Will Nitish Kumar be like Yashwant Sinha or late PM Chandra Shekhar?
Why has Bihar CM and JD(U) supremo taken up the job to unite the opposition and how does it matter in today's context?
New Delhi: “Opposition unity” or “joint opposition” to unseat Narendra Modi and BJP from the centre is again in limelight in the run-up to the 2024 Lok Sabha elections.
And this time around, media and a large section of opposition parties have put Bihar Chief Minister and JD(U) supremo Nitish Kumar on a pedestal, a role played unsuccessfully by Sharad Pawar before the 2019 elections.
Recently, former finance minister in the BJP government turned TMC MP Yashwant Sinha was provoked in a similar fashion to become the opposition’s joint candidate in presidential polls.
It is widely known that Nitish Kumar had lost ground in Bihar and the public mood was very much against him. Of course, it was not in the favour of the BJP either. Kumar was very much aware of this and decided to switch into RJD’s fold.
Basis the pact between Sonia Gandhi and Lalu Prasad, Kumar is expected to be jobless soon.
The Congress party along with several other opposition parties has plans to use Kumar for creating an atmosphere against Modi.
The open challenge to Modi in 2014 went in Kumar's favour among other opposition leaders. Back then, he was hailed by many opposition leaders and media as someone who can take Modi head-on. Since then, he has fancied himself as PM material, despite being in denial on public forums.
But it is also true that Kumar is indeed real when he says that he is not eyeing PM’s position.
Kumar could not win a single assembly election on his own. He became CM for a record eight times and each time with support from either RJD or BJP. He knows this well.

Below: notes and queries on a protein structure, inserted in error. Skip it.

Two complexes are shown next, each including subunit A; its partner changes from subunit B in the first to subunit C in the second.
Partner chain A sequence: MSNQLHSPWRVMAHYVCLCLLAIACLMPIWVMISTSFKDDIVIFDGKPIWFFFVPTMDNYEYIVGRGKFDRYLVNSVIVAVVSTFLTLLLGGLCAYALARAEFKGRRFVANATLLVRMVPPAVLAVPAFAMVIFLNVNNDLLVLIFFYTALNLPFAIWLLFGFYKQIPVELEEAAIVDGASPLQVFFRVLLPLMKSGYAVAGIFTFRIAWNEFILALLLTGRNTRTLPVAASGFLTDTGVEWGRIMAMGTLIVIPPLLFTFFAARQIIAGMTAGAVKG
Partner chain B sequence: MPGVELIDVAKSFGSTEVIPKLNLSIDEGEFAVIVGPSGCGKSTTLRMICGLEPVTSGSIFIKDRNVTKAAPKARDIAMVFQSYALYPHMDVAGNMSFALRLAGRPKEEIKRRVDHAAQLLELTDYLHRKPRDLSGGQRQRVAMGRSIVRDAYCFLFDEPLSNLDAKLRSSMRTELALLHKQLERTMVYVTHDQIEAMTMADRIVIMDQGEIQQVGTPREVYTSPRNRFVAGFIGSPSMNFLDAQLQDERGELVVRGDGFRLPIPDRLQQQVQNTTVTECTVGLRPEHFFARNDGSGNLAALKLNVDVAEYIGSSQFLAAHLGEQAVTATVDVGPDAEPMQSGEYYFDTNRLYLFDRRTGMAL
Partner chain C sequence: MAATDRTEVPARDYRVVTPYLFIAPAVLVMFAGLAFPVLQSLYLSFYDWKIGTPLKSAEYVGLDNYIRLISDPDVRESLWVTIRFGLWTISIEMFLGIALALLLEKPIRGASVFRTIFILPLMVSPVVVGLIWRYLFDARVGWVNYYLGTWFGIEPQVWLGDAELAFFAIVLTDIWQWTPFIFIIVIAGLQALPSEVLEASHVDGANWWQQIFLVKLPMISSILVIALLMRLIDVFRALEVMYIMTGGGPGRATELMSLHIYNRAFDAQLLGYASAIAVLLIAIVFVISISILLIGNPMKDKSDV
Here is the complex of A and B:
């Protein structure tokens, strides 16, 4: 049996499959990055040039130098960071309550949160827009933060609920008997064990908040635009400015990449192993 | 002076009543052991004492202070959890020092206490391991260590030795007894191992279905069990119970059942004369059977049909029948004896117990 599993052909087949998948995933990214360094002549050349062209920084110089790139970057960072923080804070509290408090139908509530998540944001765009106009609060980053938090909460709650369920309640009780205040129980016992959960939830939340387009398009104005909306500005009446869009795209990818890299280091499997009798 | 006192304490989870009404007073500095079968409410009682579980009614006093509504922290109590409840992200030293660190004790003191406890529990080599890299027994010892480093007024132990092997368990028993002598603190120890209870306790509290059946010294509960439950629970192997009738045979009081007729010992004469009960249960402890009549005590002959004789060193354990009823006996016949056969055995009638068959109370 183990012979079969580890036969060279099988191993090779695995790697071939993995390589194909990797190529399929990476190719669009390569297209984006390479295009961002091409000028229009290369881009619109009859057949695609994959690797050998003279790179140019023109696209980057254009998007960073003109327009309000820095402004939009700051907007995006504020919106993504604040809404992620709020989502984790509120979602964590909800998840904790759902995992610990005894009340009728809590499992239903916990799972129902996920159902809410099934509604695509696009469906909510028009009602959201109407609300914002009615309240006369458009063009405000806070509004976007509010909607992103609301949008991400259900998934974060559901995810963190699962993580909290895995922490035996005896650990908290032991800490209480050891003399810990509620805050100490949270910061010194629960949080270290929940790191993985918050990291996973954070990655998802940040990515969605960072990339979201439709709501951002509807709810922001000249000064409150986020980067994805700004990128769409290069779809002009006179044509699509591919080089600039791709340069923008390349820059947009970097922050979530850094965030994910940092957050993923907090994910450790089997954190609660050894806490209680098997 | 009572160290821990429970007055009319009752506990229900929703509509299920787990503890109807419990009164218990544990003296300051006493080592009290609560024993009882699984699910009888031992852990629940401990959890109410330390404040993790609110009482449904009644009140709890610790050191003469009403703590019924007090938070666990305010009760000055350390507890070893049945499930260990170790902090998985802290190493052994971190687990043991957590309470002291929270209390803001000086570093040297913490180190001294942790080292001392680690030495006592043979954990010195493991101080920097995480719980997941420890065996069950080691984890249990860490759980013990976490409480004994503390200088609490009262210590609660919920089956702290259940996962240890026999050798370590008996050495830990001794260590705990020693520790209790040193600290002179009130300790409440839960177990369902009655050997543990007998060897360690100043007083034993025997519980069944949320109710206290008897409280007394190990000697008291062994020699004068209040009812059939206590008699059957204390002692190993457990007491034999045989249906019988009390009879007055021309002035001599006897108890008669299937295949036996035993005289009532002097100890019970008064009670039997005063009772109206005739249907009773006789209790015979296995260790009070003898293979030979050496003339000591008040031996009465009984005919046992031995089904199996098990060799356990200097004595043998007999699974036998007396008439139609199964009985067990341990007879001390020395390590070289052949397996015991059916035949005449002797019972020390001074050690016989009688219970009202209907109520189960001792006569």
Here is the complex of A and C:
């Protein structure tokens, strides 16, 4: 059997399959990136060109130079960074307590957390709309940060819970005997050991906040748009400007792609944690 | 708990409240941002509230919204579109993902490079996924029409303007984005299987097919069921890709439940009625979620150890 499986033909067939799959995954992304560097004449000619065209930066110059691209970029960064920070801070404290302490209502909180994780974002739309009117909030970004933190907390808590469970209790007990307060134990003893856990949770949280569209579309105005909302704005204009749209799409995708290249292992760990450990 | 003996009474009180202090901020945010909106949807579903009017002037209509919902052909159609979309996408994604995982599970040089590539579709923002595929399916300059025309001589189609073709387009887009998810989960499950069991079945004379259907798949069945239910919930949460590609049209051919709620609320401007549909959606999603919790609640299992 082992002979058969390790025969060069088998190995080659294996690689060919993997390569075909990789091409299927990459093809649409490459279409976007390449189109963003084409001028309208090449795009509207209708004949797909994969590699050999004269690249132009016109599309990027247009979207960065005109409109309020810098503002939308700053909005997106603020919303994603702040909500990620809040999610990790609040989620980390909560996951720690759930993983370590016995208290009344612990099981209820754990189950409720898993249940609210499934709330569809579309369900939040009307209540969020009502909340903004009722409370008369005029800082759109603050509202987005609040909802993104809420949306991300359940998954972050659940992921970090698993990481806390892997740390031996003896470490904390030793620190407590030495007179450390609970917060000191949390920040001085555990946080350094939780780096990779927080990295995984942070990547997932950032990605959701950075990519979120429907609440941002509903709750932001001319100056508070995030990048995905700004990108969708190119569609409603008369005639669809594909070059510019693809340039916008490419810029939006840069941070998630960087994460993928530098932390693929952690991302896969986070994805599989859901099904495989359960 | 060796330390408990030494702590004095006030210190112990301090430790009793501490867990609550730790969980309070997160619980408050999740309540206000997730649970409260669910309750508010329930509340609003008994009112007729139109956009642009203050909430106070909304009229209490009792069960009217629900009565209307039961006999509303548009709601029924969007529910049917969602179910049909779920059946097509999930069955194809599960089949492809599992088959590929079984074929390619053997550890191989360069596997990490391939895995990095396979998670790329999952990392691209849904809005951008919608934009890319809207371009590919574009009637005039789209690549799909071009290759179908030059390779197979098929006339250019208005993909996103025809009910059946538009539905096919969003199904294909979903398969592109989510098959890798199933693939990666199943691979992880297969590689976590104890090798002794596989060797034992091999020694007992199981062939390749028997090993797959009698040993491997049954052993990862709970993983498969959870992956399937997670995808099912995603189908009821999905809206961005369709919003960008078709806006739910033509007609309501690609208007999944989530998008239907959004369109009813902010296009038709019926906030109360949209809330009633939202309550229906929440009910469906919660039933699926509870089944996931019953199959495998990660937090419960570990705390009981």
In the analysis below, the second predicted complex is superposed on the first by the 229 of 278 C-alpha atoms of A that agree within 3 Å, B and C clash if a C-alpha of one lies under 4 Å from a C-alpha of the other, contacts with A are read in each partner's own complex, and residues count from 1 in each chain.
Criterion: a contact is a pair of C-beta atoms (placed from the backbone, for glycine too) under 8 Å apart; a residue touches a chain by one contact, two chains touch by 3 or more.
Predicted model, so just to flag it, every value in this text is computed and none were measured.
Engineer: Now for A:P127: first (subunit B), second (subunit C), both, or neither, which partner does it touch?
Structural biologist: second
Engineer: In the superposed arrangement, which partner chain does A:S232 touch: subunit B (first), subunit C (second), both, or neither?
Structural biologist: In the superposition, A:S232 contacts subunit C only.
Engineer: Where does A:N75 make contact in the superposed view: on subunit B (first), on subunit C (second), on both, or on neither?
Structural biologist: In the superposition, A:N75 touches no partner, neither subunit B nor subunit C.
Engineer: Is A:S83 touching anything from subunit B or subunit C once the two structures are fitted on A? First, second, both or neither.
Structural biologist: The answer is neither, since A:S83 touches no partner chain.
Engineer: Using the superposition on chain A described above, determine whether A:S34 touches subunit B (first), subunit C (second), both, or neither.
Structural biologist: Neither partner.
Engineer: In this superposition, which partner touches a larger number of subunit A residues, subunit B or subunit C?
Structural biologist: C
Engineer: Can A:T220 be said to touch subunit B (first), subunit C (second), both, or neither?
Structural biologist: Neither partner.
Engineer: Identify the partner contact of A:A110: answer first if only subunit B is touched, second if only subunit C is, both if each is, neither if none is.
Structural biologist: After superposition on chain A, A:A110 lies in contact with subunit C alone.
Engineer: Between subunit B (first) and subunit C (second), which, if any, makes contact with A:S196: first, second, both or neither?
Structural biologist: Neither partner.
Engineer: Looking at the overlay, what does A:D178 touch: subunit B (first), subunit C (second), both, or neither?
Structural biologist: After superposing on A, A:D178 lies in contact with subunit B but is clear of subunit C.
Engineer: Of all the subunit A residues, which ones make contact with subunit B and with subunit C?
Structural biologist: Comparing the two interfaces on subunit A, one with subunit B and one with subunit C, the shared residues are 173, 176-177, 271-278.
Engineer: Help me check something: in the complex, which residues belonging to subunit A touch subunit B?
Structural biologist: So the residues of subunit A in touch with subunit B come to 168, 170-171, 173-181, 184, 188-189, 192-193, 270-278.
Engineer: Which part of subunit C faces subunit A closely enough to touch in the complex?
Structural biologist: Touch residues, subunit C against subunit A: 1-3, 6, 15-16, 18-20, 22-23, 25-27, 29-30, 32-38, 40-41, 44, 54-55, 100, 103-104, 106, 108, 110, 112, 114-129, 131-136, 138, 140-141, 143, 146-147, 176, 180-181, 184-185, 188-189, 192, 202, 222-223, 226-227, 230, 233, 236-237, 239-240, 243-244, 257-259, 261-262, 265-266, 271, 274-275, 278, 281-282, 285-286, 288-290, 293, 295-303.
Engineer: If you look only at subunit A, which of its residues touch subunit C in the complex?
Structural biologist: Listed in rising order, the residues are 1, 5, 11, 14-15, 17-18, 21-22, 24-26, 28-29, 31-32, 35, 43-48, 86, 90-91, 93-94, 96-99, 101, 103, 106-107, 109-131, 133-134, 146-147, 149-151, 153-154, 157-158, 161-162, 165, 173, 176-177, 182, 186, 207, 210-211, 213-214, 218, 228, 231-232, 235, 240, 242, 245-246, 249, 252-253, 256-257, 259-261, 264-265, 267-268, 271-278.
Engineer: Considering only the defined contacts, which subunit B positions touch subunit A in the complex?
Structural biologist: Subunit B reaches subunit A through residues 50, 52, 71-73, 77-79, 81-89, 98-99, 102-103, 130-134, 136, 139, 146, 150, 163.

From Arvind Kejriwal to Mamata Banerjee to KCR to Navin Pattnaik, everyone else who has won several elections on their own and enjoys popular votes considers themselves suitable candidates for the PM role.
If Kumar, whose last government was at the mercy of the BJP, can be considered a PM candidate, so can Uddhav Thackeray.
Each time Nitish Kumar made his government in Bihar, it was because he always played the card of kingmaker.
However, this is seen as a quality in the corridor of power. And every opposition leader knows that Kumar has the capacity to use this quality to become PM as well even if his party wins just one seat like late PM Chandra Shekhar.
There are several other examples such as HD Deve Gowda, Inder Kumar Gujral and Vishwanath Pratap Singh, who became short-term prime ministers for about a year each and Kumar happens to be one of their bright students.
All said and done, Modi’s performance in the remaining tenure and BJP Chief Ministers’ proactive actions would decide Kumar’s fate whether he will be like Yashwant Sinha or late PM Chandra Shekhar.
Why a joint opposition?
What is being projected is far from reality.
Congress and other opposition parties are stressing the need for a united opposition in the name of religious disharmony and danger to the social fabric. But this is a norm before every election including twice-a-year assembly elections after 2014.